In May, Vietnamese President Tran Dai Quang attended China’s Belt and Road Forum — setting another precedent for cooperation and stability in relations.

The new threshold is set by President Xi’s expressed interest in joint efforts to promote the sustained, healthy and stable development of relations between China and Vietnam. In this regard, the new leadership of the CPC Central Committee will work with the CPV Central Committee to deepen strategic communication, enhance political mutual trust, implement important consensus, and properly handle related issues. To which, Hanoi hailed the great achievement made in the 19th CPC National Congress and expressed belief that the brotherly Chinese people can fulfil the grand goals set at the congress.

Most importantly, Vietnamese Prime Minister Nguyen Xuan Phuc in meeting Wang Yi expressed Hanoi’s willingness to actively support and participate in the Belt and Road Initiative (BRI), promote the docking of “Two Corridors, One Economic Circle” with the BRI, and expand bilateral practical cooperation, so as to inject new impetus into relations between the two parties and both countries. Given this even equation, it can be rightly argued that the new CPC-CPV nexus is deemed to play a significant role in putting the relations on track, wherein, one of the primary binding factors is their Communist ideology.

In the recent past, bilateral relations between China and Vietnam have been held hostage to the South China Sea issue. As a result, the heightened tensions based on sovereignty claims, maritime rights, resource exploration, and other factors have significantly hindered the diplomatic growth and development between the two countries. Despite the string of setbacks, this relationship is witnessing a positive political upturn: the breakthrough came in January with the visit of Nguyen Phu Trong to Beijing. This visit was both symbolic and significant given the fact that Hanoi chose China as the first country for its Party Secretary to visit in 2017 and furthermore, came at the time of the 67th anniversary of establishment of China-Vietnam diplomatic relations on January 18.

What provided a new high to the relations was their Joint Communiqué, wherein both sides agreed to enhance mutual trust, strengthen their traditional friendship, and deepen their comprehensive strategic cooperative partnership, while helping to promote peace, stability, and development in the region and the world. Given this agenda, the Communiqué highlighted the need to: increase high-level meetings, cooperation, and exchanges between the two Parties, promote strategic connectivity, foster trade and investment ties, expand national defence and security cooperation, enhance people-to-people exchanges, and strengthen social foundations.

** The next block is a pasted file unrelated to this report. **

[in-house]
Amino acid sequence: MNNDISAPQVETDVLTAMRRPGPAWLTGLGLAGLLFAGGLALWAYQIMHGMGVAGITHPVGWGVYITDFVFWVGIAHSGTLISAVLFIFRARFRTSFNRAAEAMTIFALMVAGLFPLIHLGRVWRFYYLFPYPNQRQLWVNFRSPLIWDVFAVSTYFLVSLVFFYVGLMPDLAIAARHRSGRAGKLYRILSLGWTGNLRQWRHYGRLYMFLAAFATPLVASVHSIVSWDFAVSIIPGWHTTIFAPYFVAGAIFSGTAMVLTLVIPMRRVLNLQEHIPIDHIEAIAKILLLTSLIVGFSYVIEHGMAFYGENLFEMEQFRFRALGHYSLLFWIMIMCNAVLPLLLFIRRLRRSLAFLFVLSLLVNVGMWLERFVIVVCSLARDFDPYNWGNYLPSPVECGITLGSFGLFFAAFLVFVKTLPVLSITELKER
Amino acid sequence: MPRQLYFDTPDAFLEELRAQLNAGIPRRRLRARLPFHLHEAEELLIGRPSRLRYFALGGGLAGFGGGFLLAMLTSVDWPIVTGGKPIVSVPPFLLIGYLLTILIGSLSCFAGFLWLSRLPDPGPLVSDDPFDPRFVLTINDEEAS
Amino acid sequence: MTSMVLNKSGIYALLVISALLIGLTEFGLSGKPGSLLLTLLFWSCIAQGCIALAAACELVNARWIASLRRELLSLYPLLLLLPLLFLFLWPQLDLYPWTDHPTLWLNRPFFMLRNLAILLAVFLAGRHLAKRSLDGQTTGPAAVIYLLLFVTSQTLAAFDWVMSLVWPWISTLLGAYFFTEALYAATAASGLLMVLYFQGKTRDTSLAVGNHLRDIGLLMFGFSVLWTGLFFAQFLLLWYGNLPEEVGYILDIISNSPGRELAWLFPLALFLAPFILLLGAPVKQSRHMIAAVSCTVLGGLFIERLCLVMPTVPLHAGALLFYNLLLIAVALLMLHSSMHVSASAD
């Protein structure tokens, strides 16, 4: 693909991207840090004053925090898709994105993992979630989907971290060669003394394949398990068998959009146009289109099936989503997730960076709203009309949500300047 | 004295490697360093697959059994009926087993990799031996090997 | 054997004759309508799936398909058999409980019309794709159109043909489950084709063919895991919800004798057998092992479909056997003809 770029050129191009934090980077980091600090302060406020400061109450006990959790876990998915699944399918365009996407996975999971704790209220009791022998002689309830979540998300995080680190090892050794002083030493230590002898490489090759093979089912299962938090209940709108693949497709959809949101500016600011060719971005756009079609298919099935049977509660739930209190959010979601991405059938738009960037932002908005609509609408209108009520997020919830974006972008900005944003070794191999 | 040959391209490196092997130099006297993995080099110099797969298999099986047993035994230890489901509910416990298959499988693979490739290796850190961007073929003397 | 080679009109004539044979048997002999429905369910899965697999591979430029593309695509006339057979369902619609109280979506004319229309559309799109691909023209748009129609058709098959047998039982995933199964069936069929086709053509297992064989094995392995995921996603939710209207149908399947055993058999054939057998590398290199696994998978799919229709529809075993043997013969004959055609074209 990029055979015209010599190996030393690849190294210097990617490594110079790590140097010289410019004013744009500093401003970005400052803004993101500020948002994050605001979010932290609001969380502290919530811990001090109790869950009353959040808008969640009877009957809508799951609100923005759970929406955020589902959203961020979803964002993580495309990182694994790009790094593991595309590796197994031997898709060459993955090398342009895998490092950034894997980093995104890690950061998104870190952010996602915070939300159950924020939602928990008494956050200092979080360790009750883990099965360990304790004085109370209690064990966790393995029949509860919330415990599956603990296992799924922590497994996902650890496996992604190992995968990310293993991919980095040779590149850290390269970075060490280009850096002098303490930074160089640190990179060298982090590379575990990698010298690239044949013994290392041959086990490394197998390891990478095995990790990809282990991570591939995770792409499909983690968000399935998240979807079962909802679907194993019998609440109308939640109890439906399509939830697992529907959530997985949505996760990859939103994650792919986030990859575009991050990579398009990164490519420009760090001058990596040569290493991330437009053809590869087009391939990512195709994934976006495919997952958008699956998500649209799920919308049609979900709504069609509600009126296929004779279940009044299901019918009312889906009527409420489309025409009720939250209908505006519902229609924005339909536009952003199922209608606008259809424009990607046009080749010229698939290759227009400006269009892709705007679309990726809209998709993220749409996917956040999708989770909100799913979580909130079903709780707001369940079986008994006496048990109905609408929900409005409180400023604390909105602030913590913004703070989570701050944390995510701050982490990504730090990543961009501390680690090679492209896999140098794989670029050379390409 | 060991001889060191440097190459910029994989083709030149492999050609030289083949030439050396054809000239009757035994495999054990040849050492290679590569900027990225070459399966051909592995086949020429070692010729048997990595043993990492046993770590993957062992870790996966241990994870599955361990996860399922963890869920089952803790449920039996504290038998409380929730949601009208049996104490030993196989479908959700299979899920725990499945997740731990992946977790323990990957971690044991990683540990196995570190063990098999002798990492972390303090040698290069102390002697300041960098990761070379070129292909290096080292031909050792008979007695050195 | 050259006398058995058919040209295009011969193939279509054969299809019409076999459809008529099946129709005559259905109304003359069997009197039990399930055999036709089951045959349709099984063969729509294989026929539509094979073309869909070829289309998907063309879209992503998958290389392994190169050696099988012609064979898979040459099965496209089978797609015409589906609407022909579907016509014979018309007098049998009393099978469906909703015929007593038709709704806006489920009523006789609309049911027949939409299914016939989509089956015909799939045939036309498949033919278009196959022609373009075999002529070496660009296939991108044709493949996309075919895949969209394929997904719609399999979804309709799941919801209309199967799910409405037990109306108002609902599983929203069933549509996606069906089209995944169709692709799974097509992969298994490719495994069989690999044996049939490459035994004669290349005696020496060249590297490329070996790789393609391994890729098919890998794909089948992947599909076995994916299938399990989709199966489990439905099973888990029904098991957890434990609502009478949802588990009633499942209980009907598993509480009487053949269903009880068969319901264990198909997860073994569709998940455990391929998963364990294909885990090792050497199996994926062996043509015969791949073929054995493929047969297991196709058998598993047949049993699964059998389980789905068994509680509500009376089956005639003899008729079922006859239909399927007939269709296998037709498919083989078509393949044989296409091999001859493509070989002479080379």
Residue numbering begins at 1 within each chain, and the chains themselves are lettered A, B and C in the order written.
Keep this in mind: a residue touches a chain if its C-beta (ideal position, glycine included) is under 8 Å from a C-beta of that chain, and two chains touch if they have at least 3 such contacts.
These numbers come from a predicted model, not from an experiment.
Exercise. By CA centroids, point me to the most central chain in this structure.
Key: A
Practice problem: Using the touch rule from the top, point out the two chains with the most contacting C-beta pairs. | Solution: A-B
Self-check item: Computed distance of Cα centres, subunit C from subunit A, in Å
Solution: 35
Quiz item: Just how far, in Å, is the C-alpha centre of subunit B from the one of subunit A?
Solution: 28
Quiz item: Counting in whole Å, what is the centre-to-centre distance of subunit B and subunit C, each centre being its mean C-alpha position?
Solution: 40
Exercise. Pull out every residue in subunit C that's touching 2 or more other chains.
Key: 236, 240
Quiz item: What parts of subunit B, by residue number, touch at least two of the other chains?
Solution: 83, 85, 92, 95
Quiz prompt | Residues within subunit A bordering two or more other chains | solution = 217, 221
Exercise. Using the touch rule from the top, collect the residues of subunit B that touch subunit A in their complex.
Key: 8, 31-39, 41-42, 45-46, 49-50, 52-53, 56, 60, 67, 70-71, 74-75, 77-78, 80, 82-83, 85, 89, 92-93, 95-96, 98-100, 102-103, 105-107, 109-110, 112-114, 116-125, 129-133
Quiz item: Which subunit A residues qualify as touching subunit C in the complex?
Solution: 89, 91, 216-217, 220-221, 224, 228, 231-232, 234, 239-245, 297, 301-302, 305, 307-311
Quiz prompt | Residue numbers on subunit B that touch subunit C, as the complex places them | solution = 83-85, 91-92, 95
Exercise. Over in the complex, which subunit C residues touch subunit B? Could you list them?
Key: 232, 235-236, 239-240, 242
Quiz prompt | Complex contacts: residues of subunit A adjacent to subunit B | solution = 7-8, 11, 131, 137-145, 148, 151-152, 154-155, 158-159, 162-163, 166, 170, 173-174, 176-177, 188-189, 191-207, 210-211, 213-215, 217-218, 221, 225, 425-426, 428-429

Subsequently, in May, Vietnamese President Tran Dai Quang attended China’s Belt and Road Forum — setting another precedent for cooperation and stability in relations. For instance, China has been seeking to upgrade sub-regional cooperation such as the Greater Mekong Sub-region (GMS). The most notable sub-regional initiative has been the launch of the Lancang-Mekong Cooperation (LMC) Framework which is includes five Lower Mekong River countries, of which Vietnam is one, along with Myanmar, Laos, Thailand, and Cambodia. In view of this, the recent opening of the Longbang-Tra Linh China-Vietnam cross-border trade zone has significantly provided an upthrust to the growing cooperation between the two countries.

Given the mutual interests at play and the expressed interests of the leadership on both sides, the new warmth between Beijing and Hanoi will play a decisive role in maintaining regional as well as global stability. In this regard, President Xi’s Vietnam visit has opened a new window of opportunity between the two countries.